How to layout a targeted CV

First, carefully read the job advert and note down the skills and work experience the recruiter is looking for.

Then decide which is more important to the employer your skills or experience?

Now you can lay out your CV based on their needs.

 

If you think they are more interested in your skill sets then put the skills set section above your work experience (like a functional CV).

Example

1.  Contact Details

2.  Professional Profile/Personal Statement

3.  Skills and Achievements

4.  Work Experience (if any)

5.  Education

6.  Hobbies / Additional Information

 

If you think they are more interested in your work experience then put your career history above your skills sets (like a functional CV).

Example;

1.  Name and contact information

2.  Personal Summary or objective

3.  Work experience

4.  Educational history

5.  Skills and abilities

6.  References

 

Advantages of a targeted CV
If done properly and depending on the circumstances they can increase your ratio of job application to job interview.

This is because very few job seekers are prepared to spend the time and effort writing a completely targeted CV, so if you have one it is almost certain to stand out.

7. Performance CV layout

As the name suggests this sort of resume shows off your past performance and is ideal for people who have a long career history.

It is essentially a mix of both the chronological and functional CV layout.

The designs aim is to make the employer feel confident that the person they eventually employ will improve the company and take problems off their hands.

 

This format is good for highlighting your:

  • Key achievements from previous jobs.

 

Not suitable for:

  • Graduates.
  • School leavers.
  • People with little or no work experience.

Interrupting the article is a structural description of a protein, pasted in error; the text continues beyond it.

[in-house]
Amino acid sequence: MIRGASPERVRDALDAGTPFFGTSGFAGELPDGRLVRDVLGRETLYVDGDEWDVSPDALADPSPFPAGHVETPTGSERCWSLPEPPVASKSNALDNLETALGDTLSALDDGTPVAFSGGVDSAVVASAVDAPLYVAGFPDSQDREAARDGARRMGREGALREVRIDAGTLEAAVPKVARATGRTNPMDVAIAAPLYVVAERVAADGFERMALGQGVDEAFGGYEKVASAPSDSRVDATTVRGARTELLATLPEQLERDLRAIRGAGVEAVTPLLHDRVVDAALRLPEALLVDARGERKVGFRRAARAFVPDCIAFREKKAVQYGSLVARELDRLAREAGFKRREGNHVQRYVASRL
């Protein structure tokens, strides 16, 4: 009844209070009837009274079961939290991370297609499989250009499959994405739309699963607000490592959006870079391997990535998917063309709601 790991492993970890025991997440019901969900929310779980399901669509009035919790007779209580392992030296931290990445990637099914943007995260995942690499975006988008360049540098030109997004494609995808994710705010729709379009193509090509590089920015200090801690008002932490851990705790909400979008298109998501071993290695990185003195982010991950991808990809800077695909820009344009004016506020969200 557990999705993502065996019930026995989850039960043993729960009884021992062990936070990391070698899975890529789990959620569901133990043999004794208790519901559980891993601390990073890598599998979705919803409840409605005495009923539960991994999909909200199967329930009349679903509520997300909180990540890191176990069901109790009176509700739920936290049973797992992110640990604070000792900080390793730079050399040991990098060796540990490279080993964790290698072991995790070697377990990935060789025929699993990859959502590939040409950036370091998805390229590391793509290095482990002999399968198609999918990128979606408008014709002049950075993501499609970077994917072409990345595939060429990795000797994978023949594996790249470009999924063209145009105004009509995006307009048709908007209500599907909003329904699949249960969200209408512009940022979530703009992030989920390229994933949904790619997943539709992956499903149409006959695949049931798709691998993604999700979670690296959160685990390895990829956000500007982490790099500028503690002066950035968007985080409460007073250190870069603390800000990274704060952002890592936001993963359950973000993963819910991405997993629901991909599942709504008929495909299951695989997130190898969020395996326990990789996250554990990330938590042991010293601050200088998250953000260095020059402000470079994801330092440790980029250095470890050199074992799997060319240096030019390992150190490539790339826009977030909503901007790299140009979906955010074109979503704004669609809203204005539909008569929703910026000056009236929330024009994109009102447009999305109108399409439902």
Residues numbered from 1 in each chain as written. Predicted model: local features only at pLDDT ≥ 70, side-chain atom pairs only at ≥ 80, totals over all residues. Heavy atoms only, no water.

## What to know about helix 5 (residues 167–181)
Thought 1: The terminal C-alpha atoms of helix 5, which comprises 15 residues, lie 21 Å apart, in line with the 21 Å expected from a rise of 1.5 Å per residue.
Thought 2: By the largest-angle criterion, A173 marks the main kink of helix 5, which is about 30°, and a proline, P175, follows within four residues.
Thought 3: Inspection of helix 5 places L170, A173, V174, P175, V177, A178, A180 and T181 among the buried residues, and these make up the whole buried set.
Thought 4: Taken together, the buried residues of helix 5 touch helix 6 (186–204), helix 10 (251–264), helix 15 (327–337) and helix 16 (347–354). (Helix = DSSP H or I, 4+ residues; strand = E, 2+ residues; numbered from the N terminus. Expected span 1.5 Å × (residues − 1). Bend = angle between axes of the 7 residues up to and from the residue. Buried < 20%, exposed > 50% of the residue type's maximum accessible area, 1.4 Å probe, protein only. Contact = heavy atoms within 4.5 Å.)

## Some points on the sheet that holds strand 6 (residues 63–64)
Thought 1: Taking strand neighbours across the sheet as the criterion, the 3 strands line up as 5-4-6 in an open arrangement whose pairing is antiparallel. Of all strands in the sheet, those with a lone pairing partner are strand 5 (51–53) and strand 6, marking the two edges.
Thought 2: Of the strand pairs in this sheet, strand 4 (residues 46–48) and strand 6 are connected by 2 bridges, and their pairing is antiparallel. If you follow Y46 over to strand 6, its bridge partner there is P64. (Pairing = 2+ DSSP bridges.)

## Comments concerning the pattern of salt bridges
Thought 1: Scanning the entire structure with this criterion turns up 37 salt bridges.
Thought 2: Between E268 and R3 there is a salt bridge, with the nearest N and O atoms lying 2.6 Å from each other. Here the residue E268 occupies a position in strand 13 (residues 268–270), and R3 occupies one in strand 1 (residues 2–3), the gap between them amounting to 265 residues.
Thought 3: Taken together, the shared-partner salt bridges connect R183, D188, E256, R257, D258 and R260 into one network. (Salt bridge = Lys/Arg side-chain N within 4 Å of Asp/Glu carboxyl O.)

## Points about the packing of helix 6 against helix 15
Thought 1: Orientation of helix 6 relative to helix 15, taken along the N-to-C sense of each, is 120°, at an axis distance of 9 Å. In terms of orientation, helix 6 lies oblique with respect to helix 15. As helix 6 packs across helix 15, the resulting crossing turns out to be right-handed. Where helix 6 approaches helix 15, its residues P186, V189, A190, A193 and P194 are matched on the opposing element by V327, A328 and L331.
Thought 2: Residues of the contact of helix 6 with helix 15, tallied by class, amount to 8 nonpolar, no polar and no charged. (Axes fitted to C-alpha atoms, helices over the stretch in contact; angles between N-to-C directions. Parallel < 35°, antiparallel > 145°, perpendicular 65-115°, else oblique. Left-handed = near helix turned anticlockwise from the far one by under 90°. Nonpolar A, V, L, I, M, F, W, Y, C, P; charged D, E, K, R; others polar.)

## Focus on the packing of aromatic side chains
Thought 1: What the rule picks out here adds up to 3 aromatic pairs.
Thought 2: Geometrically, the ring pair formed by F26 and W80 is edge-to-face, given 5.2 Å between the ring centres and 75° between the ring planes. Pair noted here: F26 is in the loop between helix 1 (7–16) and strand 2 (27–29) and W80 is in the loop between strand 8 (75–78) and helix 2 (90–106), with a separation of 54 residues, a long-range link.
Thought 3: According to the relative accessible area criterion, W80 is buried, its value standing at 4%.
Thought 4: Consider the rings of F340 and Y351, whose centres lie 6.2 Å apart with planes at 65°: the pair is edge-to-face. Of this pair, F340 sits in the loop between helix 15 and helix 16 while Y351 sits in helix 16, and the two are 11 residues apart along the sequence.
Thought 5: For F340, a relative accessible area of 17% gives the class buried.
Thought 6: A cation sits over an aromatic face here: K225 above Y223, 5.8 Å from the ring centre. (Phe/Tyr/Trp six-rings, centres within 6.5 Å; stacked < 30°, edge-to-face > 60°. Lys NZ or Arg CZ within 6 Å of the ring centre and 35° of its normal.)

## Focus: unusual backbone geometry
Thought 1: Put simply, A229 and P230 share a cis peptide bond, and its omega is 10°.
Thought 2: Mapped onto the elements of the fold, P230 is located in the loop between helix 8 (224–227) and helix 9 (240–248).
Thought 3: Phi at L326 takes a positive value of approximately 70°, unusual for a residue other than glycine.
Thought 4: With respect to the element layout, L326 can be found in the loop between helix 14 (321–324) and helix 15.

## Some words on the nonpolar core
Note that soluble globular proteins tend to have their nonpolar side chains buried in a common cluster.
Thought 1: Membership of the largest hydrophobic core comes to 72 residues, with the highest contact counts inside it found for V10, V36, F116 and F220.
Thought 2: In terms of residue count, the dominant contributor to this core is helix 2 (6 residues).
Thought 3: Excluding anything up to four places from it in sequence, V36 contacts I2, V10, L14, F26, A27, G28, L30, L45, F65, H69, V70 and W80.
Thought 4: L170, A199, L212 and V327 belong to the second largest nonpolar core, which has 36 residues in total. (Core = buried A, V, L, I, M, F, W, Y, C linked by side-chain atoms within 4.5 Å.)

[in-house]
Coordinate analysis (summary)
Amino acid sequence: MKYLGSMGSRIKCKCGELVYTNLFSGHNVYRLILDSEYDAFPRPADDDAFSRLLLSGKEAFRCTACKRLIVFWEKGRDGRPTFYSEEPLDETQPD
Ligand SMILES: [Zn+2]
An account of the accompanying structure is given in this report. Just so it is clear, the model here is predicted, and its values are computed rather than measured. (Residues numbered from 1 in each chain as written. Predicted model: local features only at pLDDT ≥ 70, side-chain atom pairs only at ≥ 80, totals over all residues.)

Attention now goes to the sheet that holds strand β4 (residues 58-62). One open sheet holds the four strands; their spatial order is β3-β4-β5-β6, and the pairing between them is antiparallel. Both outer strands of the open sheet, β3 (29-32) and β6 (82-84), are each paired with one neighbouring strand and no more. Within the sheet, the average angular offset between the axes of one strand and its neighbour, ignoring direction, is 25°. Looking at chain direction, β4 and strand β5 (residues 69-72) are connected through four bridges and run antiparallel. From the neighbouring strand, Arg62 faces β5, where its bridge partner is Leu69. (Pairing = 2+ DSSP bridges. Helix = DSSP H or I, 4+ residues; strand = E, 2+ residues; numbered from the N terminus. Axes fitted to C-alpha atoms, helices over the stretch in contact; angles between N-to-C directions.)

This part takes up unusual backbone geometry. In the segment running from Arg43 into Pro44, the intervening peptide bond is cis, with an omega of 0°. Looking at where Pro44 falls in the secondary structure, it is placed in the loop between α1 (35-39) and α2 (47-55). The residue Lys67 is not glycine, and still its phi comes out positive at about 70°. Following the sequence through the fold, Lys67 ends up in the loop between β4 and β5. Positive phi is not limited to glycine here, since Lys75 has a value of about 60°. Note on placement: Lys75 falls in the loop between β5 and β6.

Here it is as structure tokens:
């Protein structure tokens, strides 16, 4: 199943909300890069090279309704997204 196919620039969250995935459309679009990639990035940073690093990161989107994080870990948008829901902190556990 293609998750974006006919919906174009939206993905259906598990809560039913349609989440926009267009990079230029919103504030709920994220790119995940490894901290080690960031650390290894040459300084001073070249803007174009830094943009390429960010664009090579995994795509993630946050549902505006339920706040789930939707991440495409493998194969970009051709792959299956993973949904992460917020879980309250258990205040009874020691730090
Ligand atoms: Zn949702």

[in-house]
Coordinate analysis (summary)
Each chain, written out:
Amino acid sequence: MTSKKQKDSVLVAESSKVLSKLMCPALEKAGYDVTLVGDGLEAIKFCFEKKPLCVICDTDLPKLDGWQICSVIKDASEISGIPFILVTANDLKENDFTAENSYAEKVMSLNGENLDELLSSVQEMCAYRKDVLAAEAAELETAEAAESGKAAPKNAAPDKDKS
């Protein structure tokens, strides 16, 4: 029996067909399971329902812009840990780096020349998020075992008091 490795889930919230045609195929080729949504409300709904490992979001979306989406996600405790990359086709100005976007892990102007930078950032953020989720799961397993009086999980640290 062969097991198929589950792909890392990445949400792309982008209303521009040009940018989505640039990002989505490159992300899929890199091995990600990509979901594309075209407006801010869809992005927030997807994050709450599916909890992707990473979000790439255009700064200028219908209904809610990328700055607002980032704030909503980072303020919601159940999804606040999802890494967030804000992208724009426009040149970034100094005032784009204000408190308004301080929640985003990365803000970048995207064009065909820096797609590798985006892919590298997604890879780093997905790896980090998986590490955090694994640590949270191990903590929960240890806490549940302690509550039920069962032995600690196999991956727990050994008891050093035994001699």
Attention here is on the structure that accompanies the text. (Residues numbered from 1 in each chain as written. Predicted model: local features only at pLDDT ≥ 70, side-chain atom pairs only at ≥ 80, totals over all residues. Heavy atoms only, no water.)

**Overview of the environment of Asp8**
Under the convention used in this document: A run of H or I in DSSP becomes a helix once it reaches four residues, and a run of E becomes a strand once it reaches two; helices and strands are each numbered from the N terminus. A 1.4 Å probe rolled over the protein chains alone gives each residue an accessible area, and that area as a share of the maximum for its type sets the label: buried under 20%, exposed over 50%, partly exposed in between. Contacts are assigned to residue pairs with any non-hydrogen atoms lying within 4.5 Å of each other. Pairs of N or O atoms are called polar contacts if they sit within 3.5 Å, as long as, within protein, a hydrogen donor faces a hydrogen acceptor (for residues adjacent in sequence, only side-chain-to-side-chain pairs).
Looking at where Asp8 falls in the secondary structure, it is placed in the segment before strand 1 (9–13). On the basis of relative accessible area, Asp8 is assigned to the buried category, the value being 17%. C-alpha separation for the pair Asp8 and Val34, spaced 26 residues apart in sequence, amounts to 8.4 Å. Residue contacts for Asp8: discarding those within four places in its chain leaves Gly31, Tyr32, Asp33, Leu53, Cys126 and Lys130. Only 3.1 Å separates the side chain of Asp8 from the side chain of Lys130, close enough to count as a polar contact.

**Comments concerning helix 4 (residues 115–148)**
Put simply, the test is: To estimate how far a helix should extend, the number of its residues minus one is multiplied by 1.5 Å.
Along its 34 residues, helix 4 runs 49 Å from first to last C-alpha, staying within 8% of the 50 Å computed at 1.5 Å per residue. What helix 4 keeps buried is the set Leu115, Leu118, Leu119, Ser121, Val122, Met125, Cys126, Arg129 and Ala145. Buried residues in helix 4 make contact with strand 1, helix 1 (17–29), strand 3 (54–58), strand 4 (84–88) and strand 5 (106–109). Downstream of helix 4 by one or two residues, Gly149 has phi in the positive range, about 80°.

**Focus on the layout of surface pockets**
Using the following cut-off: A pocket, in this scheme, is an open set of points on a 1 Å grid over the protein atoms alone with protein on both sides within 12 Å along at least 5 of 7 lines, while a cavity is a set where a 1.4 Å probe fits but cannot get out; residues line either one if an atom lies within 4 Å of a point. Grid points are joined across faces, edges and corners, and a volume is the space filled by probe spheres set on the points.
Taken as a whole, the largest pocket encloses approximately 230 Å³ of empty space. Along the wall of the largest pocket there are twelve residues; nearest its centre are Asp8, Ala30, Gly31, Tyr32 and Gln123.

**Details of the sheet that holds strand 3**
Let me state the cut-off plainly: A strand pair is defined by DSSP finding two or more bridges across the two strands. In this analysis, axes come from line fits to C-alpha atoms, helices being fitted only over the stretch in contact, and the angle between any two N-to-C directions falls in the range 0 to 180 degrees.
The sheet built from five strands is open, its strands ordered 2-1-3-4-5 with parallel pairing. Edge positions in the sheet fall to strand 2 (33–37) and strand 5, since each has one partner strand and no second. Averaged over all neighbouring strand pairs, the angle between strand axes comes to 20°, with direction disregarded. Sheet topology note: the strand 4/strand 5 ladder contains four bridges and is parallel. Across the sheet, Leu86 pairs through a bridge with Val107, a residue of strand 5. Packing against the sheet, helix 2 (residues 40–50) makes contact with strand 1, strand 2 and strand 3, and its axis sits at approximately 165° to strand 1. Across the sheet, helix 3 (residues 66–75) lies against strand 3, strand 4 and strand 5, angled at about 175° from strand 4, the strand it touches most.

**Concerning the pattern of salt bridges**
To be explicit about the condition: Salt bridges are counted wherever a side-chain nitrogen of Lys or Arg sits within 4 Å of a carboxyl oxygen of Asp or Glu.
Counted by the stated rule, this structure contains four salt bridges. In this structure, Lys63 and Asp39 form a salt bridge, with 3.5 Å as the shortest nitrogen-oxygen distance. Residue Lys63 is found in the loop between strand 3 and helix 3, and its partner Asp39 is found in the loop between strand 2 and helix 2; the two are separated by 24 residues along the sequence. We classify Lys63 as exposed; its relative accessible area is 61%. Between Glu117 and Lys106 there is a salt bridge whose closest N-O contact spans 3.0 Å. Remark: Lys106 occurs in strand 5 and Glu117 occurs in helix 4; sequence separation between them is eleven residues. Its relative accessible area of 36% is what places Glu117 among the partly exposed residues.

8. Student CV layout

With a lack of real life work experience, a mixed functional and skills based CV layout is the most suitable format for entry level applicants.

Aim to create a layout that focuses on your abilities, transferable skills and future potential.

 

Basic layout for a student CV

1.  CV Header – Name and contact details

2.  Personal summary

3.  Transferable skills

4.  Education

5.  Additional sections (see below)

 

Alternatives to work experience

Instead of your career history create special sections for part-time or unpaid activities, such as;

  • Traineeships
  • Work placements

 

Hobbies that show your team player

These can demonstrate you’re a social person and team player who can fit in anywhere. Insert sections for;

  • Sports team member
  • Club member
  • Charity work
  • Writing a blog

 

Other sections you can include;

  • Achievements
  • Knowledge of
  • Personal skills

9. Academic CV layout

These are based on the Chronological CV format.

With one main difference, they are typically longer than 2 pages.

This is because of the need to supply supporting academic qualifications and research material etc. Meaning you can adapt the order and leave out sections if need be.

As you can see from the list below, they start and end like other CVs, but have extra sections in the middle.

 

Basic layout of a Academic CV;

 

1.  Name and contact information

2.  Personal Summary or objective

3.  Work experience

4.  Educational history

5.  Awards and funding

6.  Research experience

7.  Publications

8.  Professional memberships

9.  Skills and abilities

10.  Research

11. References

 

Length

Usually 3 – 5 pages long.

10. Europass CV format

This is a standardised Europe-wide CV template that is used in over 20 Continental European countries.

 

Layout

The layout is always inn reverse chronological order, listing the most recent work experience first followed by the others.

 

Basic layout of a Chronological CV;

1.  Name and contact information

2.  Photo

3.  Personal Summary or objective

4.  Work experience

5.  Educational history

6.  Skills and abilities

7.  References

 

Photos

A headshot or photo is usually included, alongside the candidates’ name and contact details.